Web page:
Habits such as thumb sucking, hair twirling, and head banging are very common among children. And while these habits are usually harmless, they can be alarming to parents. Read on to help determine if your child's habits are merely irritating or cause for genuine concern.
Thumb sucking is an extremely common habit. In fact, some experts believe that as many as 90 percent of kids do it at some time during their early life. Thumb sucking is not usually problematic, unless it goes on for an extended period of time. According to the American Academy of Pediatrics, more than half of thumb suckers stop by age 6 or 7 months. Most other children give up the habit by age 4 or 5 years. Thumb sucking becomes a cause for concern when it continues beyond age 4 or 5. At that point, dentists worry that thumb sucking will affect a child's palate and teeth. In addition, the child may begin to hear negative comments about the habit from peers and family members. To end the habit, it's important that your child be interested in giving up the thumb. Gentle reminders and positive reinforcement (rewarding your child when she goes without sucking for a period of time) often work best. If not, coating your child's finger with a bitter substance or covering it with a bandage can remind her not to suck. Above all, be patient with your child's attempts to quit, and contact her pediatrician for advice when necessary.
Head Banging and Rocking
Rocking and head banging -- the rhythmic hitting of the head against a wall, crib, or other surface -- are particularly frightening to parents because many associate these actions with emotional or developmental problems. While rocking and head banging can be a sign of a problem such as autism, they're also quite common among children who are developing normally. The habit is most prevalent in babies between 6 and 18 months old. If head banging continues beyond age 4, or if you are concerned about it before then, consult your child's pediatrician. Also, talk to your pediatrician if your child's head banging is accompanied by developmental delays and a lack of interaction with parents.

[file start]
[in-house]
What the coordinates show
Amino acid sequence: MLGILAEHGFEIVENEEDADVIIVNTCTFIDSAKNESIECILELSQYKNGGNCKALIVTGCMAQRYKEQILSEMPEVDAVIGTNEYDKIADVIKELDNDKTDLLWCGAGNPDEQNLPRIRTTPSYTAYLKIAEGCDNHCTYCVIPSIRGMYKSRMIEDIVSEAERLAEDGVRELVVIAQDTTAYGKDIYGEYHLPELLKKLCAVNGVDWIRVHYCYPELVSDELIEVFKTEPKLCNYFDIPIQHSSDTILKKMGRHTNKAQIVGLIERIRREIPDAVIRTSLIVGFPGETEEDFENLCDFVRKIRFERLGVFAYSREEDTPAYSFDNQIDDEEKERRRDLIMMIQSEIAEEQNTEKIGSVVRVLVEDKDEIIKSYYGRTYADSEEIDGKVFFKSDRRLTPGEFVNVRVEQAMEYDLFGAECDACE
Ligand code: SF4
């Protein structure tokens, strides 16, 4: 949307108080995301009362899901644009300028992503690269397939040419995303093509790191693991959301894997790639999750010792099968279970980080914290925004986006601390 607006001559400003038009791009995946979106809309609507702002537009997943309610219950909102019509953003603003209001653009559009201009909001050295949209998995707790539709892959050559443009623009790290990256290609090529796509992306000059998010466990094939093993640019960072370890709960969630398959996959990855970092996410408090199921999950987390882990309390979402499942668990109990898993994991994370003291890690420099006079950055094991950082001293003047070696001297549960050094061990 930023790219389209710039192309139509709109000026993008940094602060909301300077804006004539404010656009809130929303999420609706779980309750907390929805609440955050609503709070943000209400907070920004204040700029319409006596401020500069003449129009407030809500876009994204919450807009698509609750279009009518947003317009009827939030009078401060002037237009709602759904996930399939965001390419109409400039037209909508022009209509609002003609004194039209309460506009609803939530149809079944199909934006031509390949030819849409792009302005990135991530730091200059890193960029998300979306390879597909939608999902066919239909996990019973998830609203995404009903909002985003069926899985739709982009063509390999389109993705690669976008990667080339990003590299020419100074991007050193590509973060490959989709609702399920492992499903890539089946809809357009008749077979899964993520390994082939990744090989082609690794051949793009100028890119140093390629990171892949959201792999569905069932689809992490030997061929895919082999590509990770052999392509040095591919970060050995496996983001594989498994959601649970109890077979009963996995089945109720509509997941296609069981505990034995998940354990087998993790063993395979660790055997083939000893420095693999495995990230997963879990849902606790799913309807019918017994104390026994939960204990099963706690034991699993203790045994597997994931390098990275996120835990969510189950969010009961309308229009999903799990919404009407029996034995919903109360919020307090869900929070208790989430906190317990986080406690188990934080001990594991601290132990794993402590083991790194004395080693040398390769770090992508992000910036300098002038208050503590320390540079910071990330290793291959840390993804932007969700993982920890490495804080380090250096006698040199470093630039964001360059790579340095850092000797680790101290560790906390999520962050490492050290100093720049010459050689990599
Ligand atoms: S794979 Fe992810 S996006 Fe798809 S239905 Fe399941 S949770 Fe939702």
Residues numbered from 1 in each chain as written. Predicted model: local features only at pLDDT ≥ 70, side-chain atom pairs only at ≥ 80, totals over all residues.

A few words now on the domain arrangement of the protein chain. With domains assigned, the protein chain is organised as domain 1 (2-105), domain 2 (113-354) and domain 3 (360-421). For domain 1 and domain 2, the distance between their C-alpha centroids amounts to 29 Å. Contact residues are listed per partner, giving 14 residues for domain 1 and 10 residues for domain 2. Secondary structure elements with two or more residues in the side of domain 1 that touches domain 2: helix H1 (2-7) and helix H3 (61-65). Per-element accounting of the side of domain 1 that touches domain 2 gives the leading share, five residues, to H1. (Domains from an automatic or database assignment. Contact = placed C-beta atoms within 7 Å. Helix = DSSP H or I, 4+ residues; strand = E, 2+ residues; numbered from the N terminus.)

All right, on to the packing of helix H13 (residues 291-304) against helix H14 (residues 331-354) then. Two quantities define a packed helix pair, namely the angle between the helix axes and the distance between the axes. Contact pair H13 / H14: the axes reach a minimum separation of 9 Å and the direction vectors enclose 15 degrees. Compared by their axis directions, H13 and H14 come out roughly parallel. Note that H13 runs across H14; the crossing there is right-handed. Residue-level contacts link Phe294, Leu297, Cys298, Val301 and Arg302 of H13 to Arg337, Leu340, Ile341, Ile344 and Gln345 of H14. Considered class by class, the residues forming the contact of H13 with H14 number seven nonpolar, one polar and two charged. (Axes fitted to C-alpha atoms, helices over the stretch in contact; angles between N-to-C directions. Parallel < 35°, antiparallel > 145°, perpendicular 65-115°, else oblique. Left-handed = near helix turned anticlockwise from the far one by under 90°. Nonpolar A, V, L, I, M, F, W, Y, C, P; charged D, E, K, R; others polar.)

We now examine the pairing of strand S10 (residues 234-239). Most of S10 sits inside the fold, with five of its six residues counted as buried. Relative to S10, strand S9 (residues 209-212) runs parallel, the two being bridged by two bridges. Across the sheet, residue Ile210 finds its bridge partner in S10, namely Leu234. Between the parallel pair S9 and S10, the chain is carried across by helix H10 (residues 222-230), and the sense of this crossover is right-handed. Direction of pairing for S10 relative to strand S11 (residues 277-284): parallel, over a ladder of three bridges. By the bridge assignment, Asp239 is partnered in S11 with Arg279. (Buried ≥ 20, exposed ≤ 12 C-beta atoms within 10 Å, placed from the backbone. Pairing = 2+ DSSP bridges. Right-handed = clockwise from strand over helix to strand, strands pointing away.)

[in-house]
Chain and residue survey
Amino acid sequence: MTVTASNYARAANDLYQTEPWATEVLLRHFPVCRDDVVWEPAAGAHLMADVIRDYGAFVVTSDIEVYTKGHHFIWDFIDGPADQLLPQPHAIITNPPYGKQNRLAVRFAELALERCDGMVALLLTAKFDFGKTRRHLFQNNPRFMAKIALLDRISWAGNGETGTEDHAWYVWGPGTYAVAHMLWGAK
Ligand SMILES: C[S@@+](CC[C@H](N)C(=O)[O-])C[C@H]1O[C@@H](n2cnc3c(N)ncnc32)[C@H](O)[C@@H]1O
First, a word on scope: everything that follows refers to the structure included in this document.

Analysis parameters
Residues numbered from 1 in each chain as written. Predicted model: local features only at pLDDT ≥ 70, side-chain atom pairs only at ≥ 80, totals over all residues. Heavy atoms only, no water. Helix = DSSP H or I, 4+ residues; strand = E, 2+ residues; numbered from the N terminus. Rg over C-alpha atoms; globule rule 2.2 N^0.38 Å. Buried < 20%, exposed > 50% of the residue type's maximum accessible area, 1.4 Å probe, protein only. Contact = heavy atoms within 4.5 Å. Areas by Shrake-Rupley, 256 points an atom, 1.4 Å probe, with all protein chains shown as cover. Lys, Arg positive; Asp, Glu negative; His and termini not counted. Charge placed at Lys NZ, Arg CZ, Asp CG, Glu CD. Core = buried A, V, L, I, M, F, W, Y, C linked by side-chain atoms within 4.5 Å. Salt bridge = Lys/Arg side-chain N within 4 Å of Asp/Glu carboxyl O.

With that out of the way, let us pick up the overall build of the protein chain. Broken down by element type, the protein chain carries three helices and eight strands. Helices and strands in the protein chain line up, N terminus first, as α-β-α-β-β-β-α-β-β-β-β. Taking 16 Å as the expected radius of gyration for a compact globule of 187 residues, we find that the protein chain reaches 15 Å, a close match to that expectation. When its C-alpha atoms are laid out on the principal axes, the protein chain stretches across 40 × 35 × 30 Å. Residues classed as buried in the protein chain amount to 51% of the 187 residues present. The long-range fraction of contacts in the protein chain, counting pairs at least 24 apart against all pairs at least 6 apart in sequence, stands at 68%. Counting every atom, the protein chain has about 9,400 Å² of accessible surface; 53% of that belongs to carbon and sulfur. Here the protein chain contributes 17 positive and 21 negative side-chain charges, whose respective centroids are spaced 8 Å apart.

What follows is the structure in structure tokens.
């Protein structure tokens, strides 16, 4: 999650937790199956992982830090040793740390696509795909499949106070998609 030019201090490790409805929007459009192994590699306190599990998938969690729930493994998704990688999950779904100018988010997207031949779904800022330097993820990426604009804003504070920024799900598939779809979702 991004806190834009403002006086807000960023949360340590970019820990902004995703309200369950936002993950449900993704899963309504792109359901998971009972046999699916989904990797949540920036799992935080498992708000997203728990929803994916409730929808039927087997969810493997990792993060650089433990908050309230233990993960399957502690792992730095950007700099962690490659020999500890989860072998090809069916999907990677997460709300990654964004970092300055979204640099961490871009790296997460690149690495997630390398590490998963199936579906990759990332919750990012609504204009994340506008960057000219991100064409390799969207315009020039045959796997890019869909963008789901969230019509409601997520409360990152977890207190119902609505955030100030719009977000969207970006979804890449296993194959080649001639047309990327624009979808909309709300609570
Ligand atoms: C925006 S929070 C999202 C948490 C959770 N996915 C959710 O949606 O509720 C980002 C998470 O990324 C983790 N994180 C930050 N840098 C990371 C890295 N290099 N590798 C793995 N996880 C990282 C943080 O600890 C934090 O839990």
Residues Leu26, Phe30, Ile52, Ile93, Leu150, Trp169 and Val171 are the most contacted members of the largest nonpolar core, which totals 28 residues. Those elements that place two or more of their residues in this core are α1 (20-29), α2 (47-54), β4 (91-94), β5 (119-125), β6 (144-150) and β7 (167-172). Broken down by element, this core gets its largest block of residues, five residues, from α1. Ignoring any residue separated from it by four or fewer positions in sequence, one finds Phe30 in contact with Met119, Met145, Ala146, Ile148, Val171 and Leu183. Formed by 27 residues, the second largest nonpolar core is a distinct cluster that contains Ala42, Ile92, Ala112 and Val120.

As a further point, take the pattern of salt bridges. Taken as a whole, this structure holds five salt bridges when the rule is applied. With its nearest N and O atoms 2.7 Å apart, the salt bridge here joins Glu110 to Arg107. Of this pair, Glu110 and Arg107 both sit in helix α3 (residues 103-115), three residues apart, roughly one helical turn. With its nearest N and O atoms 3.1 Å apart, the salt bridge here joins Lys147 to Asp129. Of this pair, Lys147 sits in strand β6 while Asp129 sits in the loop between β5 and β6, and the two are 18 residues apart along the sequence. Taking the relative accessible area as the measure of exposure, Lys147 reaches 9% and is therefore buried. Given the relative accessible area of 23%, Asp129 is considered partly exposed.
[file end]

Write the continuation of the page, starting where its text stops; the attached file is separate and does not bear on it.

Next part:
Often beginning between 3 and 6 years of age, hair twirling is normally a harmless thing that children do to soothe themselves without even realizing it. Some kids do it as a way to relax themselves when they are tired or bored. Talk to your pediatrician if your child goes beyond hair twirling to pulling out her hair (or eyebrows or eyelashes).
Nail biting usually develops later than some of the other habits -- usually around age 5 or 6. Stress isn't always the cause of nail biting, but stressful situations can cause nail biting to increase. Try distracting your child or keeping her hands busy during times she is likely to bite her nails (while watching TV, for example). Also, keep her nails cut short and wash her hands frequently with antibacterial soap to ward off infection.
The information on this Web site is designed for educational purposes only. It is not intended to be a substitute for informed medical advice or care. You should not use this information to diagnose or treat any health problems or illnesses without consulting your pediatrician or family doctor. Please consult a doctor with any questions or concerns you might have regarding your or your child's condition.